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Cleaning Chesapeake “Investments Toward A Huge Clean-Water Payoff”

PHOTO: Investing in the health of Chesapeake Bay would have a big payoff, according to a clean-water group's analysis. Photo by Krystle Chick and the Chesapeake Bay Foundation.
PHOTO: Investing in the health of Chesapeake Bay would have a big payoff, according to a clean-water group's analysis. Photo by Krystle Chick and the Chesapeake Bay Foundation.
March 9, 2015

RICHMOND, Va. – Investing in the health of the Chesapeake Bay would have a big payoff, according to a clean water group's analysis.

An economic report by the Chesapeake Bay Foundation found cleaning up the Chesapeake would be worth $22 billion a year for the states in the bay's watershed.

Harry Campbell, executive director of a state office for the Chesapeake Bay Foundation, says a polluted bay means Virginia and the other states risk losing communities that have depended on the Chesapeake for hundreds of years.

"For centuries,” he emphasizes. “Sustains cultures such as the watermen who rely upon oysters and crabs. Without this clean water, the communities are endangered."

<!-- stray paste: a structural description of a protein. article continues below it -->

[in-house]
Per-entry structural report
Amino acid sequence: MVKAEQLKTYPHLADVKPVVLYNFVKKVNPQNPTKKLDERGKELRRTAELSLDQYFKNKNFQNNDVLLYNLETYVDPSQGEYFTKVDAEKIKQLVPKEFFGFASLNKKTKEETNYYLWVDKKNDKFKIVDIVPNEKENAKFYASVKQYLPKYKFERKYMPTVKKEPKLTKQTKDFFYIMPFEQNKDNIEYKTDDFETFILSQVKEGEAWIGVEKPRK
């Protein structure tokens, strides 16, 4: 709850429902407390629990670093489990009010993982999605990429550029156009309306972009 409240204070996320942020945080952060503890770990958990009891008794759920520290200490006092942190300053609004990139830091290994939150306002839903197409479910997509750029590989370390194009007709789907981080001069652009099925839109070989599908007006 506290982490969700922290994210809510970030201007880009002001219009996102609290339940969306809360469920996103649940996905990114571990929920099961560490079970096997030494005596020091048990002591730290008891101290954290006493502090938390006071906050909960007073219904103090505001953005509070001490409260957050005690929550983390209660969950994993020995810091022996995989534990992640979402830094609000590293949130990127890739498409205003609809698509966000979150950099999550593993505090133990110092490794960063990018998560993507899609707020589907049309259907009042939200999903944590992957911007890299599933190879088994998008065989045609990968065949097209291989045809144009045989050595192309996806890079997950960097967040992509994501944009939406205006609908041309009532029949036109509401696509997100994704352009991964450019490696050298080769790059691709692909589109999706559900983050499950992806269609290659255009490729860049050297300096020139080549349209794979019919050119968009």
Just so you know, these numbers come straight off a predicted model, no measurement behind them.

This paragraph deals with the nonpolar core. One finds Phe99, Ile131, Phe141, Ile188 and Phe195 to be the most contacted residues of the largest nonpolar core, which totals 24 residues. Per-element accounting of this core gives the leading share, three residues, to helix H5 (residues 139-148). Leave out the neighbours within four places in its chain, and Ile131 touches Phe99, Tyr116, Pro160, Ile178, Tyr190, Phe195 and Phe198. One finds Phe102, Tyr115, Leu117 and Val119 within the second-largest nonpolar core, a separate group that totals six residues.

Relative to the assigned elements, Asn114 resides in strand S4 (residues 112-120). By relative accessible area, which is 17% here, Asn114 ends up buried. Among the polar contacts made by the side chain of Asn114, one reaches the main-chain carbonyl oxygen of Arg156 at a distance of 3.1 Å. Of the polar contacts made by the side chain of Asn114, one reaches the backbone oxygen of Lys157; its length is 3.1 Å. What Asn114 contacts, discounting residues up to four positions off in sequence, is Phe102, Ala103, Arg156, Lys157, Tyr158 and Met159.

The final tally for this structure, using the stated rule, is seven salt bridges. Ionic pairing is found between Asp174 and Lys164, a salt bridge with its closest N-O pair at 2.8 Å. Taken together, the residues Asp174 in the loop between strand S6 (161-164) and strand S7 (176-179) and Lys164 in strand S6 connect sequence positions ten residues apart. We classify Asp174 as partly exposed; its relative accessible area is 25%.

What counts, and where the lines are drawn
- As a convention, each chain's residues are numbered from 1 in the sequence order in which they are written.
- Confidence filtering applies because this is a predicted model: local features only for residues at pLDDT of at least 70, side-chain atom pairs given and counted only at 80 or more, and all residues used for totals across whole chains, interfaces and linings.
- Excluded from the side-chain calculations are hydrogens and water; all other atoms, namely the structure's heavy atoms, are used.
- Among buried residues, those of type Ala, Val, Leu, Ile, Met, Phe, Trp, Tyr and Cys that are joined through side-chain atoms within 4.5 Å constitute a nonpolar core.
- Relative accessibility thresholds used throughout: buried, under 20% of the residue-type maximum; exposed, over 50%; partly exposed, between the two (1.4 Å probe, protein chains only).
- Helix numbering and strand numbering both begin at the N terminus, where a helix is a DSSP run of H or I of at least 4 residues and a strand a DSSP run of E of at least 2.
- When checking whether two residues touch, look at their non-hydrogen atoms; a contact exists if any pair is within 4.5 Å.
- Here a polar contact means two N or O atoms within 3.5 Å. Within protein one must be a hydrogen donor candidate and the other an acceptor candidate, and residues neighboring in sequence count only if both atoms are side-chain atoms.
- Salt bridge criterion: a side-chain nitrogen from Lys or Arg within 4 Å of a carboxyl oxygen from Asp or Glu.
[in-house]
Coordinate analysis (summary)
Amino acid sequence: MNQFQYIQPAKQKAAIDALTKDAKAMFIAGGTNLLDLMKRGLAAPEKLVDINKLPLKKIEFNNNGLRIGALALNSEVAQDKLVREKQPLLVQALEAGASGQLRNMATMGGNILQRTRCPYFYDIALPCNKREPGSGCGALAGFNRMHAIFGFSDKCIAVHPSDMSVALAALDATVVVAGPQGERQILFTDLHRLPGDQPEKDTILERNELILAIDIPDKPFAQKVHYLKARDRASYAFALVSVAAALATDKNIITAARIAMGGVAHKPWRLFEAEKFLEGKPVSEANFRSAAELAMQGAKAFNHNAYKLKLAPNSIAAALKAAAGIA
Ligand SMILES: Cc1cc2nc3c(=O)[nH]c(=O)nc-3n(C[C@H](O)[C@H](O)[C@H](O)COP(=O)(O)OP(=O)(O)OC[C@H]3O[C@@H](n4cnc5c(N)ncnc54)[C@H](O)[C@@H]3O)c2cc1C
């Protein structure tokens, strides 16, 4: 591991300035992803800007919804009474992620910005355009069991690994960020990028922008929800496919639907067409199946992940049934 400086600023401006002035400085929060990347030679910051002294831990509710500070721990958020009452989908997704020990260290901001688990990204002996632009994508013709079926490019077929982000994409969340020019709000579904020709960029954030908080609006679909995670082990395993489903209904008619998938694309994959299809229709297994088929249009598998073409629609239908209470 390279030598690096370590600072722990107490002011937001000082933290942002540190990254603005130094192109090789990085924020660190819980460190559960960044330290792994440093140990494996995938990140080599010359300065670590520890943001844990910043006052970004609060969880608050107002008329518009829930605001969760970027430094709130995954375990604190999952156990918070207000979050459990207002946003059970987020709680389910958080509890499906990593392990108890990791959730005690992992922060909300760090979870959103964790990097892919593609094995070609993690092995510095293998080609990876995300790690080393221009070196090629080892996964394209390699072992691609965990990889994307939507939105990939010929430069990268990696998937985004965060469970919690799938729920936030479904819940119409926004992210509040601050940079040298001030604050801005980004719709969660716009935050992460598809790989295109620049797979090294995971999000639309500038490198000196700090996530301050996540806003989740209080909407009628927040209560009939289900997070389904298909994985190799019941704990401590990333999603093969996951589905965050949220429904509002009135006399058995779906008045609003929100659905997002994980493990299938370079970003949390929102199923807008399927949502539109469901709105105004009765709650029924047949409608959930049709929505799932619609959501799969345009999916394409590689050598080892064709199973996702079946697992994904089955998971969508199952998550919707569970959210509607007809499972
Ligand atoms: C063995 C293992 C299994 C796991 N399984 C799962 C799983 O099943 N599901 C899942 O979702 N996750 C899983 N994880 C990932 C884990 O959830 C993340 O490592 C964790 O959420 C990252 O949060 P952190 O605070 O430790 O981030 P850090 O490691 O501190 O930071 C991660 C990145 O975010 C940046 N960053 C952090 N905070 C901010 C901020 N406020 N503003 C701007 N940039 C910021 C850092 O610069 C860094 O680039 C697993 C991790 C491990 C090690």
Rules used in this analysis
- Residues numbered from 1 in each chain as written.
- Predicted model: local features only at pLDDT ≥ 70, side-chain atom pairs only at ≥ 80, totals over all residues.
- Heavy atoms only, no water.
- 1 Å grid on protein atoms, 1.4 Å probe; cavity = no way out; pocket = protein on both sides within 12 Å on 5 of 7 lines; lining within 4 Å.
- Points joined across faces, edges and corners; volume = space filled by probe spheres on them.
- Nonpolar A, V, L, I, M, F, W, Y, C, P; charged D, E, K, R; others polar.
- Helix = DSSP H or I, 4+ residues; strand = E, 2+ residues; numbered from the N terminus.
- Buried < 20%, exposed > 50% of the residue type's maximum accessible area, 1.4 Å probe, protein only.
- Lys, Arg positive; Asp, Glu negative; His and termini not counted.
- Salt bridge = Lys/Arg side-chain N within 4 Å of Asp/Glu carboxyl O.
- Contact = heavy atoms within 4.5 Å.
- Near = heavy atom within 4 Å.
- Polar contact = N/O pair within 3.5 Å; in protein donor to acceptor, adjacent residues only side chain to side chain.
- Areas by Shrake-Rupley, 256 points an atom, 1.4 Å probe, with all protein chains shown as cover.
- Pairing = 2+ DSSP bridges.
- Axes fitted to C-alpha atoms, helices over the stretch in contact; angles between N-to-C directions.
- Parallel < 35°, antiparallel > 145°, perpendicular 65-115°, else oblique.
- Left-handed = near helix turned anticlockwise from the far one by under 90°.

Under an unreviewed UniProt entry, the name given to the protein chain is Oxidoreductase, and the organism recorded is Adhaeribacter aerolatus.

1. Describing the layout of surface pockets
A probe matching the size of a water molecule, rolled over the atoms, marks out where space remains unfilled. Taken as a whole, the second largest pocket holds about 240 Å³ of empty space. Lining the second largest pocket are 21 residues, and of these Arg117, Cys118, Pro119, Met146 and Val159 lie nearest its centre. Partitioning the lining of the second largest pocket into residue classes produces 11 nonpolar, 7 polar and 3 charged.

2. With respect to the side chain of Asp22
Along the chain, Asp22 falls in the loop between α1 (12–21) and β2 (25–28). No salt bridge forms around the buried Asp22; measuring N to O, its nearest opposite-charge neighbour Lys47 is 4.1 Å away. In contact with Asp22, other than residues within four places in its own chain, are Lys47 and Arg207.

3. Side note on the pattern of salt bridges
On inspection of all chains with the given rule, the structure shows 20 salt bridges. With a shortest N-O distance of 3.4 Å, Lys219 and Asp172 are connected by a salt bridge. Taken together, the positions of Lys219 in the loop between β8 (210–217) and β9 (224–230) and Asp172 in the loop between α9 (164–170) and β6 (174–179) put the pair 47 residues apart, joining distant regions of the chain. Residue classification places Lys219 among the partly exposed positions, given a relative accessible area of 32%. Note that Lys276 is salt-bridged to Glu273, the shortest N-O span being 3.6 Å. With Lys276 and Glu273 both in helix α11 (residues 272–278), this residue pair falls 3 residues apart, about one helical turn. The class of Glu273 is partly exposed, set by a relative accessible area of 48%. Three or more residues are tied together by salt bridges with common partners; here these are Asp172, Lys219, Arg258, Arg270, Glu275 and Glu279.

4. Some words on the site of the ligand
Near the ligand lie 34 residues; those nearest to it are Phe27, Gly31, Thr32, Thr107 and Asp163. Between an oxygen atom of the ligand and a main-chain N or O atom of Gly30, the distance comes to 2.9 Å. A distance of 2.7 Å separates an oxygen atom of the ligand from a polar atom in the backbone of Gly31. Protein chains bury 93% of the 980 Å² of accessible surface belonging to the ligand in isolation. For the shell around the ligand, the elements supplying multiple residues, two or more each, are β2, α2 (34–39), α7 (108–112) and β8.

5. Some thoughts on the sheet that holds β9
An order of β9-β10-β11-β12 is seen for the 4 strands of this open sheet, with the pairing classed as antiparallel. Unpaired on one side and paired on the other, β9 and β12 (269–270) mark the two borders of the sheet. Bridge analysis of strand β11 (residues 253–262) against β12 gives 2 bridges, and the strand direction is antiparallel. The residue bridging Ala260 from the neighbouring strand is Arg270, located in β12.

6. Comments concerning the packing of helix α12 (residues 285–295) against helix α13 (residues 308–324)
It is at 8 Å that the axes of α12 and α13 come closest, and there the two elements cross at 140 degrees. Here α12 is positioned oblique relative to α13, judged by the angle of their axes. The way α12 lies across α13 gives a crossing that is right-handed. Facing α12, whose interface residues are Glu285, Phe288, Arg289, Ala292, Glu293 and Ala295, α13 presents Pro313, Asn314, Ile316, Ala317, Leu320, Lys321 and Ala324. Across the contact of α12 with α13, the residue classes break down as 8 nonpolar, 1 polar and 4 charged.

According to the foundation, Virginia would see benefits worth more than $8 billion a year from cleaning up the Chesapeake – more than any other state. The report - The Economic Benefits of Cleaning Up the Chesapeake – is on the CBF's website.

Business groups and farmers sometimes criticize clean water rules as bad for economic growth. But Campbell points out the steps that the state needs to take to clean up the bay also will bring good financial results for businesses, and especially farms.

"Improved herd health,” he stresses. “The reduction of over-application of fertilizers. Keeping soils healthy. Almost immediate returns to farmers' bottom lines."

Cleaning the bay's tributaries requires things such as better sewage treatment systems and better management of fertilizer and animal-waste runoff from farms.

Campbell says detailed, workable pollution reduction plans have been in place for years. But he says they often have been left largely uncompleted.

"We have the plan, we know what we need to do,” he states. “The challenge before us is providing not only the leadership, but the resources to implement what needs to be done."



Dan Heyman, Public News Service - VA